Chipotle Mexican Grill Inc. (CMG) plans to shut down underperforming restaurants and introduce new digital, marketing and menu changes as part of its turnaround strategy under its new chief executive, Brian Niccol.
In a press release, the restaurant chain announced that it will close 55 to 65 underperforming locations, roll out new menu items, revamp its marketing communications and launch a loyalty program in 2019.
"All our efforts will focus on making the brand more engaging, visible, and culturally relevant while our restaurant teams are dedicated to providing an excellent guest experience with great hospitality and real food cooked to perfection,” said CEO Niccol. “Specifically, this will include three big initiatives – revamping our marketing communications and plans, leveraging our second make line to grow digital sales and expand access, and engaging with our customers by launching a new loyalty program in 2019.”
Chipotle added that its restructuring program is expected to cost between $115 million and $135 million to implement.
Lack of Clarity Irks Investors
On a call with investors on Wednesday, reported on by Reuters, Chipotle executives refrained from providing further details about the company’s turnaround strategy. Executives reportedly brushed aside questions about international plans, preferring instead to talk about their “aggressive growth” strategy in the United States, and refused to confirm whether fast-casual dining menu items such as quesadillas and nachos would be added to the new menu.
Chipotle was also vague about how it plans to innovate its business model, improve its digital service and reward shareholders. This lack of clarity did not sit too well with investors, who reacted by sending the shares down 3.1 percent to $443 in after-hours trading.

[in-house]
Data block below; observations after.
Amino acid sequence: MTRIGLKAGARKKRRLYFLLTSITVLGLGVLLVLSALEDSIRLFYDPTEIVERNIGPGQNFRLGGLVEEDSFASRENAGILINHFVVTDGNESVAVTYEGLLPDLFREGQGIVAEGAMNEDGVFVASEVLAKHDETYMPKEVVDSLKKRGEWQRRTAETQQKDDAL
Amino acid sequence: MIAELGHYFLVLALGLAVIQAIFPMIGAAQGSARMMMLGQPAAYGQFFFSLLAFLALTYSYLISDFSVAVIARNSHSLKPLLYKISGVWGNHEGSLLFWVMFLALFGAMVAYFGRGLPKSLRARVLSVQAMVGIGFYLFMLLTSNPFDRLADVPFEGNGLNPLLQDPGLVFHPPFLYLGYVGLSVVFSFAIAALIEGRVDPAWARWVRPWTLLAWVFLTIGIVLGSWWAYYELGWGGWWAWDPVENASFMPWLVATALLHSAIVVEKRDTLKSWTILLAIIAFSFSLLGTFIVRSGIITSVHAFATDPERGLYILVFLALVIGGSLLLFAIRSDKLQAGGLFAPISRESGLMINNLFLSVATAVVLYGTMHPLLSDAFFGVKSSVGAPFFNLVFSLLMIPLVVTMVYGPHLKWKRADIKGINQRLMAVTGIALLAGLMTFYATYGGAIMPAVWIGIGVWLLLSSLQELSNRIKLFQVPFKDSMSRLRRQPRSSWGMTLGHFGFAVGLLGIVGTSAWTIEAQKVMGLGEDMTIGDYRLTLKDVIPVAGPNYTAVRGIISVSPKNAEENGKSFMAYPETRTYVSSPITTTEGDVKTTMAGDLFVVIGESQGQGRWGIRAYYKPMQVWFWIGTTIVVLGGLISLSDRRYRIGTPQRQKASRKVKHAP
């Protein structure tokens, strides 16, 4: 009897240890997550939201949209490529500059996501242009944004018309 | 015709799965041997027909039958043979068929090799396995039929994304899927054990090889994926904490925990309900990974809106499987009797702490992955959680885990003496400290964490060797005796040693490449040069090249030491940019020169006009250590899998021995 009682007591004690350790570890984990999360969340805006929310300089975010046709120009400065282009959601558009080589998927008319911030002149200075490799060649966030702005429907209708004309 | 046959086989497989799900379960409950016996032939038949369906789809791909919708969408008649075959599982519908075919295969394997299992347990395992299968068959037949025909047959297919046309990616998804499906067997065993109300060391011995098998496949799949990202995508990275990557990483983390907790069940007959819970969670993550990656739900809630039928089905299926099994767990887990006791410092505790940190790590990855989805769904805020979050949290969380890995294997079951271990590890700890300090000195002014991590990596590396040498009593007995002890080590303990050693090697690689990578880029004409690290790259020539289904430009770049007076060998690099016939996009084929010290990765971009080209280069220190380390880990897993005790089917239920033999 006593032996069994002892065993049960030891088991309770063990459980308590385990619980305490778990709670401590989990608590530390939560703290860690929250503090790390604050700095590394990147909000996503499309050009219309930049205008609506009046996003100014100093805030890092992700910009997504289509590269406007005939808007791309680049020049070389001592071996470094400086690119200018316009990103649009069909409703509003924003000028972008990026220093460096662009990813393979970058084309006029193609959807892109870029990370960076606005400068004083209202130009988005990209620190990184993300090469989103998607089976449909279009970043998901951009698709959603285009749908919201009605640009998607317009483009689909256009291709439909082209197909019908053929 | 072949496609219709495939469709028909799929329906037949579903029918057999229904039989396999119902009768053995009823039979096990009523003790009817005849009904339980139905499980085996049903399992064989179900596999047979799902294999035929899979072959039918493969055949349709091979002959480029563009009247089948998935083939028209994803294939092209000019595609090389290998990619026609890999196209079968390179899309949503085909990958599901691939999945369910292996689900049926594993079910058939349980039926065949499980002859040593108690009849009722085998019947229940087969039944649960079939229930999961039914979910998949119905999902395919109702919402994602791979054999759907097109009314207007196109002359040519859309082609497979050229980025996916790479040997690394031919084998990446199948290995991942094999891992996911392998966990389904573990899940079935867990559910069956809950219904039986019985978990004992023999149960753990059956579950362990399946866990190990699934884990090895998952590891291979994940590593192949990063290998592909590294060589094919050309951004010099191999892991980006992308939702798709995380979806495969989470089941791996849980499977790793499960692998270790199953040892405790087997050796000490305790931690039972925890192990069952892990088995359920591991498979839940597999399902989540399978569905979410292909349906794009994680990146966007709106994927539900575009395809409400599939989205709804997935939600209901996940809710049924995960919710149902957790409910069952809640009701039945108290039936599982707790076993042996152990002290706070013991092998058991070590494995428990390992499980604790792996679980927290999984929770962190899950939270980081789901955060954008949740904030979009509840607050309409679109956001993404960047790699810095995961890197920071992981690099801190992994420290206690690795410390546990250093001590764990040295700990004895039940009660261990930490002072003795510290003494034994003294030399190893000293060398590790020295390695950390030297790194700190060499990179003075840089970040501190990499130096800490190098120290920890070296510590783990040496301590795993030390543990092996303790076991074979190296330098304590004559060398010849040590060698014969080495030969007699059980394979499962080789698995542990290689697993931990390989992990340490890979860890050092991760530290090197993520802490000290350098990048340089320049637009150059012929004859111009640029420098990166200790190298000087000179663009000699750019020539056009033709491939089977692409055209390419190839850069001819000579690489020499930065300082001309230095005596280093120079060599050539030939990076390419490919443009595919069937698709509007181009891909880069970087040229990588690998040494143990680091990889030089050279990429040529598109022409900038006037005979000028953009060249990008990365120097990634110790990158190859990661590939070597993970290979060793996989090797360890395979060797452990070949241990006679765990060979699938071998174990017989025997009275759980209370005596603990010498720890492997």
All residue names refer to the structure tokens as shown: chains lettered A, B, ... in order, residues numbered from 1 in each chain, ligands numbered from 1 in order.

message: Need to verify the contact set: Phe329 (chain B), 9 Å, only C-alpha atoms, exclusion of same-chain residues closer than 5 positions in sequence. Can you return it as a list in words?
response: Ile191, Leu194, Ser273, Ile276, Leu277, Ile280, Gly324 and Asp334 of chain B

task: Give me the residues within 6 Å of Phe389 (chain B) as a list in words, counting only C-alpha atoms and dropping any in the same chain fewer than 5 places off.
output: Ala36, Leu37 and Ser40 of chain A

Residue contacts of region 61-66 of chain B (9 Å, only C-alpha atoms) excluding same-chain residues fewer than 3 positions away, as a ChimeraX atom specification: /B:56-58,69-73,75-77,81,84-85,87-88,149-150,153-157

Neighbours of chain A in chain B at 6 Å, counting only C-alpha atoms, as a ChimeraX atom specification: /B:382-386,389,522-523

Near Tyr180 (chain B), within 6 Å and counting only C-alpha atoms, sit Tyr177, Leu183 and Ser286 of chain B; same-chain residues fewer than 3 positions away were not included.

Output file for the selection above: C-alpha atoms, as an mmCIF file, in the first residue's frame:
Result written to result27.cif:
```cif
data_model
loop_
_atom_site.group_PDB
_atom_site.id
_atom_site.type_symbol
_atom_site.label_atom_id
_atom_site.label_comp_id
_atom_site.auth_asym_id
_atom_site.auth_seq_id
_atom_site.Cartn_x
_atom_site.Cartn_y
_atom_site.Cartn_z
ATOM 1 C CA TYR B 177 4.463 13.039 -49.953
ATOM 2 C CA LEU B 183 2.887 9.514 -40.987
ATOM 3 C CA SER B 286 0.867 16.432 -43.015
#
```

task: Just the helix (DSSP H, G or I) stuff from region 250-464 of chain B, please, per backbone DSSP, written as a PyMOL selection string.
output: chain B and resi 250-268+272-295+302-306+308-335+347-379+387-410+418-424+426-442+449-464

“There are some key areas they really did not address, notably international strategy,” Maxim Group analyst Stephen Anderson said, according to Reuters. “Also capital allocation, particularly in regard to share buybacks and potential discussion for a dividend. I still think it will happen but it is probably going to be about a year or two away.”
Chipotle’s share price has risen more than 80 percent since Niccol’s hiring was first announced in February. The former chief of Yum Brands Inc.’s (YUM) Taco Bell is viewed by Wall Street as the right person to modernize the Mexican restaurant chain’s business and salvage its tarnished reputation. (See also: Why Chipotle's Hot Stock May Plunge Short Term.)
Chipotle has struggled since foodborne illnesses were linked to its restaurants in 2015. (See also: Chipotle: Rise, Fall and Revival of a Wall Street Darling.)